Dayton could get ‘high line’ elevated bike trail like NYC, Chicago


Dayton could get ‘high line’ elevated bike trail like NYC, Chicago

View CaptionHide Caption
Cory Frolik/STAFF

The city of Dayton would like to transform an unused, elevated rail line that begins downtown and runs southeast into a bike trail and public park. 

Norfolk Southern rail company has filed to abandon a six-mile stretch of rail that runs from Wayne Avenue near the former site of Garden Station to the Tenneco property in Kettering, city officials said.

The project could be transformational and would connect downtown to the Historic Inner East neighborhoods and link into the regional trail system, said Jon White, city of Dayton planner.  

However, this is just a vision for the rail line, and bringing it to life would take a lot of work, time and money, White said.  

“This is a long ways away from happening,” he said. “But it’s something we’re pursuing for sure.”


“This is something the neighborhoods have been talking about for a very long time,” said Dayton Mayor Nan Whaley. “This is a big deal.” 

The city has formally begun the process to negotiate with Norfolk Southern to try to acquire or lease the rail line to support park upgrades, said Aaron Sorrell, Dayton’s director of planning and community development.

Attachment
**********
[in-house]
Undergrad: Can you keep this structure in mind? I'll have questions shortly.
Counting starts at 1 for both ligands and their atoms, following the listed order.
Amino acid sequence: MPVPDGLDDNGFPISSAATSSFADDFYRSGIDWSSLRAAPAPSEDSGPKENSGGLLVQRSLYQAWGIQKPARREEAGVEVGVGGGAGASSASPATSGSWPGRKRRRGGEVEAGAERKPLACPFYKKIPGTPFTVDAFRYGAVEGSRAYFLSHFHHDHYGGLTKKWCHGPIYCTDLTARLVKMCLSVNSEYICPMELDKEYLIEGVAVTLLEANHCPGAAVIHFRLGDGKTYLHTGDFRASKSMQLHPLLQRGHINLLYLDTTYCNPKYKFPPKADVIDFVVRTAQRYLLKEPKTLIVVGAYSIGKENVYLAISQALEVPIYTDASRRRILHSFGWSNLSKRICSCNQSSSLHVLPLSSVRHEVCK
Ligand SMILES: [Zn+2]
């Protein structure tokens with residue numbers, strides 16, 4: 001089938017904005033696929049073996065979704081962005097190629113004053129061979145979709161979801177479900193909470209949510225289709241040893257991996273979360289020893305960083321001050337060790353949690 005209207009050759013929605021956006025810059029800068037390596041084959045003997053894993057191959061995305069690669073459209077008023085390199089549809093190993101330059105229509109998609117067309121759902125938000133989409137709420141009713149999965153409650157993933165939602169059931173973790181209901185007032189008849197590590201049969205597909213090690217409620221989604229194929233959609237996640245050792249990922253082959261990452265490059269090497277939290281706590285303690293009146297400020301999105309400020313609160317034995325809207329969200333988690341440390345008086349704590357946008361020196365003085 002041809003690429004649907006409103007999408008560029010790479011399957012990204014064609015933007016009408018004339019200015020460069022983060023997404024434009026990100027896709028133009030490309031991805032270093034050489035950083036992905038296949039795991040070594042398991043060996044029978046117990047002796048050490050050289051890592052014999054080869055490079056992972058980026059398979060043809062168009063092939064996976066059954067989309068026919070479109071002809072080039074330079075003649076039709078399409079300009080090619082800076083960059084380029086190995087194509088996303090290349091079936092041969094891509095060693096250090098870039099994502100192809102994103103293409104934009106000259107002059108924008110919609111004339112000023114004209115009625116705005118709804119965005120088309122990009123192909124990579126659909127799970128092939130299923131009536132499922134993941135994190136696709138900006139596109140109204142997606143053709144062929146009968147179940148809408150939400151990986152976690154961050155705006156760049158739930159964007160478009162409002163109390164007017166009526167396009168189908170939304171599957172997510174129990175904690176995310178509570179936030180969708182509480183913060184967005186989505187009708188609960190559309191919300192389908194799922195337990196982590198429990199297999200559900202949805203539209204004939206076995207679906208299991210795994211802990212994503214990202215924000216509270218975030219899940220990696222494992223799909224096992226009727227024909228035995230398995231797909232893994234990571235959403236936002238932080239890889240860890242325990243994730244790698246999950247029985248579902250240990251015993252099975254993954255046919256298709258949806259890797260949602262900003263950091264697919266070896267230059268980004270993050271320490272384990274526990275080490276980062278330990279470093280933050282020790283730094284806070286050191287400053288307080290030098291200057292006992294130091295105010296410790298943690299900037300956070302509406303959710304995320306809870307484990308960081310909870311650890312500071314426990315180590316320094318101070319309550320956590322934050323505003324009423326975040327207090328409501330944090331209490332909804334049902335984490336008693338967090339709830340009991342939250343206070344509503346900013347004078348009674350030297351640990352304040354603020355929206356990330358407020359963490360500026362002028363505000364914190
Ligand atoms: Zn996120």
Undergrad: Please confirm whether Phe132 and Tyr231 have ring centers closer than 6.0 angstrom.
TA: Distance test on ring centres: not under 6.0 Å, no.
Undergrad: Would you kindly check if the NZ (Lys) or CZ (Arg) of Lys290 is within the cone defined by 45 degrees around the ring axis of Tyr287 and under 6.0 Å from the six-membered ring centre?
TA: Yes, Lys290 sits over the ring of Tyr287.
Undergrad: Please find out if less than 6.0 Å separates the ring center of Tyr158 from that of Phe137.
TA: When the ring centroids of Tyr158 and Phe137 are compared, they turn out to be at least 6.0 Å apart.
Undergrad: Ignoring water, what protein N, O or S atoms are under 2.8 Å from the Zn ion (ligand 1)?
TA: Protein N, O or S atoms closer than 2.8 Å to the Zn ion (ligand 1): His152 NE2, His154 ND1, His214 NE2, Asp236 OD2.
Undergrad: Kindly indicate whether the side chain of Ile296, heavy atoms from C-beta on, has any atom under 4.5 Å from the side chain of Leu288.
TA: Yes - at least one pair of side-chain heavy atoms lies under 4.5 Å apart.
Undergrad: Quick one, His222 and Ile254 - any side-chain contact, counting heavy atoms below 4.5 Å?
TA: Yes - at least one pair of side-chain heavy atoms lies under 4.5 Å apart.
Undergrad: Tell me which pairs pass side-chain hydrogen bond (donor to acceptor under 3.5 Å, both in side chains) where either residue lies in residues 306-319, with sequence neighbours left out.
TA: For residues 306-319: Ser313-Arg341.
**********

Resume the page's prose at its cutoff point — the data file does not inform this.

The rail runs along an elevated track from Wayne Avenue for multiple blocks, and the project would seek to make a park that overlooks parts of the urban center like the High Line in New York City or the 606 in Chicago.

May is National Bike Month. Take a look at some of the items featured in the Wright Cycle Co. located in Dayton's Wright-Dunbar neighborhood. Staff Writer

The rail line is elevated until a little beyond Keowee Street. The line winds east and south until it finally hits a dead-end at the Tenneco property, west of Woodman Drive.

The city and Norfolk Southern currently disagree what the rail line property is worth, but officials said they hope a fair price can be negotiated. A city-funded appraisal valued the line at $730,000.


Norfolk Southern has not used the line for probably more than a decade, Sorrell said.

Transforming the rail into a park would likely cost millions of dollars, but there are grants available for rails to trails projects, Sorrell said.

A variety of bike trails across the region were once rail lines.

White emphasized that this project is just in the early stages and is not close to happening.

View Comments 0

Weather and Traffic